Friday, 12 May 2017

Syrian Airstrike: More to the September 2016 'mistake' than originally thought


ON 18 SEPTEMBER 2016, warplanes belonging to the American “coalition” carried out air strikes on Syrian government soldiers defending the Deir ez-Zor airfield in northeastern Syria. 

More than 100 Syrian soldiers died in the attack and many more were wounded. Australia’s Department of Defence admitted its involvement in the attack, although it gave no details of precisely what role the RAAF played.

I wrote an article on Independent Australia in September last year doubting whether the attack was a “mistake” as claimed by the Americans and the Australians, and, indeed, whether Australia was actually involved at all.

The basis for the scepticism in respect of the “mistake” claim was the established fact that Syrian troops had been in position defending the airfield for several months from attacking ISIS troops.

The scepticism about Australian involvement arose out of Syrian and Russian reports that the attack, over more than an hour, was carried out by F-16 and A-10 fighters — neither of which are part of the RAAF’s arsenal. The Department of Defence declined further comment as they wished to maintain the “integrity” of the U.S. review of the incident.

Since then, there have been a number of developments that raise further questions about the RAAF’s role and indeed the whole basis of the September attack. These questions have not been answered by the release of the U.S. report on their investigation of the incident, nor by the Australian media’s unwillingness to question the alleged explanation or explore wider issues about Australia’s involvement in the Syrian war.

In order to avoid clashes between Russian forces, legally, in Syria at the request of the Syrian Government and American and “coalition” forces operating in Syria in violation of international law, there exists a communication system, referred to as the “deconfliction line”. Under the protocols governing this system, the Americans notify the Syrians and Russians where and when their forces will be operating.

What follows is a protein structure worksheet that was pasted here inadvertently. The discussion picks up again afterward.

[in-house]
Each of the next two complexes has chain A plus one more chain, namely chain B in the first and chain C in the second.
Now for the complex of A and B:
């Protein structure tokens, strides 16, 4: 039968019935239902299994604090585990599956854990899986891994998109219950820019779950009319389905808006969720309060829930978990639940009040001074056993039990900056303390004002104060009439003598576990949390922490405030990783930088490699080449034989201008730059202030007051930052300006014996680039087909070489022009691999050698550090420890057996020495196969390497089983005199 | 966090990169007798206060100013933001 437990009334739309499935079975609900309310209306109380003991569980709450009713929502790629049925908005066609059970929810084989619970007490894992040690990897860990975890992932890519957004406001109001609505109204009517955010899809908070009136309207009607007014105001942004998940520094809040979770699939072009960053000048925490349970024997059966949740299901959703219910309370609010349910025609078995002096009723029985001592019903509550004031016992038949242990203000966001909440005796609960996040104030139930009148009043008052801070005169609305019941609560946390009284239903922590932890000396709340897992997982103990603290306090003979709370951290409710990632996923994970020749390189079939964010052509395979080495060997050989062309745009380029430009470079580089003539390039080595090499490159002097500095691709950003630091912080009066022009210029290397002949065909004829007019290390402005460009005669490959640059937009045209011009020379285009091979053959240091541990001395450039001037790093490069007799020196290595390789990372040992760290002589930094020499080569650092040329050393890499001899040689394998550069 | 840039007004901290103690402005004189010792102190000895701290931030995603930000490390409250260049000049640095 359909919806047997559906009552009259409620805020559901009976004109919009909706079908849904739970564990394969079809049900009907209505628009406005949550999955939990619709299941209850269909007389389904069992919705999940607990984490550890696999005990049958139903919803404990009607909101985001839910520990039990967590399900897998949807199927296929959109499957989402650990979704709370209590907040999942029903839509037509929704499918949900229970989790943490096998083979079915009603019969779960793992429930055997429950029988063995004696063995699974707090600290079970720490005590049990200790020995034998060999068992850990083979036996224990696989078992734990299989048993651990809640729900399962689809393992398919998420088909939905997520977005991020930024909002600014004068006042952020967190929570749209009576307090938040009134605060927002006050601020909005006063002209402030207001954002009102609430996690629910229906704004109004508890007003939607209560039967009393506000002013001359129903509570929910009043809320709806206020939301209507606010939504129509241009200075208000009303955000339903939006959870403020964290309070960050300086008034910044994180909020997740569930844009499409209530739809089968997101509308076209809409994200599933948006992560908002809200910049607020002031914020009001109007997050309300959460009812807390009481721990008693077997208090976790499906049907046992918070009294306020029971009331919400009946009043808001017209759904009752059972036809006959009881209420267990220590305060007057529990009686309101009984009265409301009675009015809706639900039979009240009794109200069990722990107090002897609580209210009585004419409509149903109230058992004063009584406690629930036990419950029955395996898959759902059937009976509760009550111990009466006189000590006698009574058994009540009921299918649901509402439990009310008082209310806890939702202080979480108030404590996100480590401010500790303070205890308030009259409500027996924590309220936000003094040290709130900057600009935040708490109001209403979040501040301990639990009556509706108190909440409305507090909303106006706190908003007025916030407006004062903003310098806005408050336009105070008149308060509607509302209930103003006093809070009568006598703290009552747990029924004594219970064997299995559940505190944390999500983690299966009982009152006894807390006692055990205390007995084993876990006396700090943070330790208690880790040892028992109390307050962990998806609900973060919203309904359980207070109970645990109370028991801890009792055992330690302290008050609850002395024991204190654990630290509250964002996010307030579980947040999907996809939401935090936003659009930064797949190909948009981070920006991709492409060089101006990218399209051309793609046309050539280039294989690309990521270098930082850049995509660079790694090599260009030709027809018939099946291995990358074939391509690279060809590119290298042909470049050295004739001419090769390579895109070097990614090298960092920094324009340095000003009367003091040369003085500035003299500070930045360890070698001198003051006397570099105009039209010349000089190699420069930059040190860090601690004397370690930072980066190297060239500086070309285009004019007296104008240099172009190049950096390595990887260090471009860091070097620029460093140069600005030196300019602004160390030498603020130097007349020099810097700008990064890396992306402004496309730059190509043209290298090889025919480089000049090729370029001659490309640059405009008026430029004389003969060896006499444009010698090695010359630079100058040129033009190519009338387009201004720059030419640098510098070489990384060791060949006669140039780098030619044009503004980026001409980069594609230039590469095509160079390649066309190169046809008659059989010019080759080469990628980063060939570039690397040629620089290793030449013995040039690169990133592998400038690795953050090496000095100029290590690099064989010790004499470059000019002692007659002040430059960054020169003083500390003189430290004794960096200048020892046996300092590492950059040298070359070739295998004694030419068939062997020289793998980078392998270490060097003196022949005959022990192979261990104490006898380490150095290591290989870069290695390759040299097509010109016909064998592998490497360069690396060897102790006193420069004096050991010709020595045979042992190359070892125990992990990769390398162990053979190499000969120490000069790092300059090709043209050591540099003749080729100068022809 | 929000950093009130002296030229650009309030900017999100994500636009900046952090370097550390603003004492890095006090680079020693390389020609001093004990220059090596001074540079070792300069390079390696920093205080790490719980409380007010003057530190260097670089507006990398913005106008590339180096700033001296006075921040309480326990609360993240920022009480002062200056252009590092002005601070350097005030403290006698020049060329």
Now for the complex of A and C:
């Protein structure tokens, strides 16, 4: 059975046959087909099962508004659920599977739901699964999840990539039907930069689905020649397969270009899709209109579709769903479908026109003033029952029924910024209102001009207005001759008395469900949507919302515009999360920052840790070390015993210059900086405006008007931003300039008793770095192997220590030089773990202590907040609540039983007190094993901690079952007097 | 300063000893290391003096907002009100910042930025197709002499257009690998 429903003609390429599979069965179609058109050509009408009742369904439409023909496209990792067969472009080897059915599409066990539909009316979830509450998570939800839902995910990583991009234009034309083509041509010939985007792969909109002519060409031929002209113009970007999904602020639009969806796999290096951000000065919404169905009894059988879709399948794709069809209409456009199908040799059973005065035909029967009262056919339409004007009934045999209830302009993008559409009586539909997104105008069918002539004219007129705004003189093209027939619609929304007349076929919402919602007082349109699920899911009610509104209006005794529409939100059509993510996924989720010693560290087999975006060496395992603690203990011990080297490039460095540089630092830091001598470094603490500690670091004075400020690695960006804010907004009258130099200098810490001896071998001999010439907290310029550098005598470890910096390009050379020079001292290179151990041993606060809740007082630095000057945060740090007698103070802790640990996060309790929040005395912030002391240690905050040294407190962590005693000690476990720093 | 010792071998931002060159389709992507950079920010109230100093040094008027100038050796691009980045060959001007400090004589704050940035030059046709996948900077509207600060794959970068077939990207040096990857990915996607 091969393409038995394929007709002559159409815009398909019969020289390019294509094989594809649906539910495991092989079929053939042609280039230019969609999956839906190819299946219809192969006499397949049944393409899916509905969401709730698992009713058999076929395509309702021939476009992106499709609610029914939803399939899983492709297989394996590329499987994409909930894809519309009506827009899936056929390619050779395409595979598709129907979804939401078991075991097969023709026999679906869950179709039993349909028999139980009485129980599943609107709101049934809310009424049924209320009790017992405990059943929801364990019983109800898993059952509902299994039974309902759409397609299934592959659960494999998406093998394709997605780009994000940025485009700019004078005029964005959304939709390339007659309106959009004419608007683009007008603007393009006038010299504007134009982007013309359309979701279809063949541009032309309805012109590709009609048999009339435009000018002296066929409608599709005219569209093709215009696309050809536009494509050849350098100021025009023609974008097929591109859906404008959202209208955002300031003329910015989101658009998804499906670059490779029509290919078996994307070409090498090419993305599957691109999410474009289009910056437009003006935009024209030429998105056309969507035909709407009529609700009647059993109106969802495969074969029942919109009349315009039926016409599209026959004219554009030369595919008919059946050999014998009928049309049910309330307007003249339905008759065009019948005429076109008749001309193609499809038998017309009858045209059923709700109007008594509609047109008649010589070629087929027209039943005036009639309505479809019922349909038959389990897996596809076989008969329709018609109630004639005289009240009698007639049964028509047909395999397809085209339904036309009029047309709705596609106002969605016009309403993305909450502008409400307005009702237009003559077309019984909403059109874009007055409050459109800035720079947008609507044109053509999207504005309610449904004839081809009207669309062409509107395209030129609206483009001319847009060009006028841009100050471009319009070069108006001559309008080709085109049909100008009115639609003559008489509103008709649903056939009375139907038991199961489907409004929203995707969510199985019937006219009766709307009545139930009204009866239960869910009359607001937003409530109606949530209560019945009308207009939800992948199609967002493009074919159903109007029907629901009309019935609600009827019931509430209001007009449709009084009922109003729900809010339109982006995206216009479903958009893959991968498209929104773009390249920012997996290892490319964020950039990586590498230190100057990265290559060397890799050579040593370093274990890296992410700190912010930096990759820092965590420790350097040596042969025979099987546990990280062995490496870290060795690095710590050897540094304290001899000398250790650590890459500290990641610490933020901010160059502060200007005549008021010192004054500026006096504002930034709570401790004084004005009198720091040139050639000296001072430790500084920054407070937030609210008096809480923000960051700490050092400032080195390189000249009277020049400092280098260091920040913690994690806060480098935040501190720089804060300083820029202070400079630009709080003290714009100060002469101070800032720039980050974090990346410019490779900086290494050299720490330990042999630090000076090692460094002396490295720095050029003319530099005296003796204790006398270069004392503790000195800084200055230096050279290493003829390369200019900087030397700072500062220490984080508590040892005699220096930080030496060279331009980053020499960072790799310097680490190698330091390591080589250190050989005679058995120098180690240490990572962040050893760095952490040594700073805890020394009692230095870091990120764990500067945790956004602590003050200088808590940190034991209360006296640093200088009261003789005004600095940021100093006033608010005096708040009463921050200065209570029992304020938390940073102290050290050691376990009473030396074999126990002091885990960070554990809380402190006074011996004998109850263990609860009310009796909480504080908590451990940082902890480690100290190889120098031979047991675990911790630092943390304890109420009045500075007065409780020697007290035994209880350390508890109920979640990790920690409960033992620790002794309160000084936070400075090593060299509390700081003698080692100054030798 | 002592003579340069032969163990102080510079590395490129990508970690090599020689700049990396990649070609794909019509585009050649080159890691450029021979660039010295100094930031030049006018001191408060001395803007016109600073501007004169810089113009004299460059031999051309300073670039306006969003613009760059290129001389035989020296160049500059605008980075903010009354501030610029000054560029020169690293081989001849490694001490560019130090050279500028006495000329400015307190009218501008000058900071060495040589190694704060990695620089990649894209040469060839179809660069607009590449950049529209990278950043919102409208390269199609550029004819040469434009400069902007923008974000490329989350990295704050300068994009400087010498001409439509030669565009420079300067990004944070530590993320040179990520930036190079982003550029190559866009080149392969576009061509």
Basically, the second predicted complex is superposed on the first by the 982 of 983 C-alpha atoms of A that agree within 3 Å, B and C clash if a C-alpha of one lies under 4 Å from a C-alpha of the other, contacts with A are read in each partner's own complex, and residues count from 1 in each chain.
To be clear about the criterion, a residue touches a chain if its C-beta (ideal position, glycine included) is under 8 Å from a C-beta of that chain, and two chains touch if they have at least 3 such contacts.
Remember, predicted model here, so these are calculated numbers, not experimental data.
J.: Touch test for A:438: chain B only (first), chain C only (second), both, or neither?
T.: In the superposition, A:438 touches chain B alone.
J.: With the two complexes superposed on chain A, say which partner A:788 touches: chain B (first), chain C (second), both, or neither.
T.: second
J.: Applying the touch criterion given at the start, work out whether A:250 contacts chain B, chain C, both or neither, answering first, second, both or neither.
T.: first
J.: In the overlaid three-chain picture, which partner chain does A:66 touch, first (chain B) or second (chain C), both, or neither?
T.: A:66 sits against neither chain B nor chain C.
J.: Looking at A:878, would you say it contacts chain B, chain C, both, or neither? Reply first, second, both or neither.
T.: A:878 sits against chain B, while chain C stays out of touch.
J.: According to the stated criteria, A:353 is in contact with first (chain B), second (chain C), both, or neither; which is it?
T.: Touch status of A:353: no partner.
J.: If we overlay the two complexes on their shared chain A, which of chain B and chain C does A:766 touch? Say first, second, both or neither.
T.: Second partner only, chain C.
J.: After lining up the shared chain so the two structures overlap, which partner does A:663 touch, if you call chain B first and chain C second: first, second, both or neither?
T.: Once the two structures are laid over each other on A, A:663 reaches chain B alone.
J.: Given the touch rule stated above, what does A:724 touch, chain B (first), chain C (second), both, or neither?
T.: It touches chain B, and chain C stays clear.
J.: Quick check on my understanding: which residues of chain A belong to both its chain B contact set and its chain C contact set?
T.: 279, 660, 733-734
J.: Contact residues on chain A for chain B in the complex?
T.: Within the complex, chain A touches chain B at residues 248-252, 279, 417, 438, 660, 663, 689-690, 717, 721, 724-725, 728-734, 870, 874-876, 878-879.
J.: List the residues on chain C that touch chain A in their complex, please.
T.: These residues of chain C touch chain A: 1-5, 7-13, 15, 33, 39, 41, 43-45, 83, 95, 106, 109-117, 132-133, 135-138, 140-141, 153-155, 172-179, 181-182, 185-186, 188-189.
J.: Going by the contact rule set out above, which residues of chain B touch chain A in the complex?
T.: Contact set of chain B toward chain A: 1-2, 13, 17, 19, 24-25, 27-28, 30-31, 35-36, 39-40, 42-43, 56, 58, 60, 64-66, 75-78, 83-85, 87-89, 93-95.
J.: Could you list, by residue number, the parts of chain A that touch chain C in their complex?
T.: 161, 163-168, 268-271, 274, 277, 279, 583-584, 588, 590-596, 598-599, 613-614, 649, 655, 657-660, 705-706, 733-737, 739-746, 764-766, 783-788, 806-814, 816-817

In respect of the attack on Deir ez-Zor, it appears the Americans did advise the Russians of an impending attack but, in this case, gave false information as to exactly where the attack was to occur.

After the attacks started and Syrian soldiers were being bombed and strafed, the Russians tried urgently to contact the Americans on the deconfliction line. They were unable to do so because for the whole of the attack period the American end of the line was left unattended. This is unlikely to have been a coincidence.

The American report also acknowledged that U.S. Central Command headquarters in Qatar, which was responsible for the carrying out of the attack, had precise intelligence as to the exact location of the Syrian troops and their ISIS opposition.

Which is where the RAAF comes in. At the time of the attack on 18 September, the RAAF was operating its E-7A Wedgetail aircraft above the battle. 

Given that the RAAF had the intelligence data as to the exact location of the respective forces on the ground – which as noted were long term fixed positions for the Syrian defences – and that they had sophisticated observation, analysis and transmission capabilities, why is it that the attack continued on the Syrian Army for over an hour?

It is not a question answered by the American report and, beyond the initial statement admitting culpability for the “mistake”, the Australian Department of Defence has refused to provide further comment or explanation.

The suspicion that it was not a “mistake” but rather a deliberate attack on Syrian forces is reinforced by a number of other facts that have emerged. The Australian media has not thought it fit to comment or analyse any of these factors. The default position is always a variation on "we meant well", "we regret any mistakes" and "any further information is inappropriate on grounds of national security". International law is a wilderness never to be explored.

The first piece of additional information is that, within seven minutes of the U.S.-led attack commencing, ISIS ground forces commenced a well-organised attack on the Syrian defensive positions that were severely compromised by the air attacks.

The nature of the ISIS attack and its timing are among the strongest possible evidence that, far from being a “mistake”, this may have been an attack coordinated between ISIS and the Americans.

This view is reinforced by the further revelations that the ceasefire then in place (albeit imperfectly) was strongly opposed by U.S. Defence Secretary Carter, as well as Lt General Harrigan, commander of the U.S. Air Force Control Command that authorised the attack. The planned U.S.-Russian joint integration centre to co-ordinate attacks against ISIS was sabotaged by the attack. Carter and Harrigan had the means, motive and opportunity to sabotage a plan of which they both disapproved.

Deir ez-Zor is important for two other reasons. It is the centre of Syria’s largest oil and gas deposits. ISIS has been selling oil from captured sites in the area by transporting it over the border into Turkey.
https://independentaustralia.net/article-display/syrian-airstrike-more-to-the-september-2016-mistake-than-originally-thought,10276#.WRLqfaTP_48.facebook
 
[Posted at the SpookyWeather blog, May 12th, 2017.]

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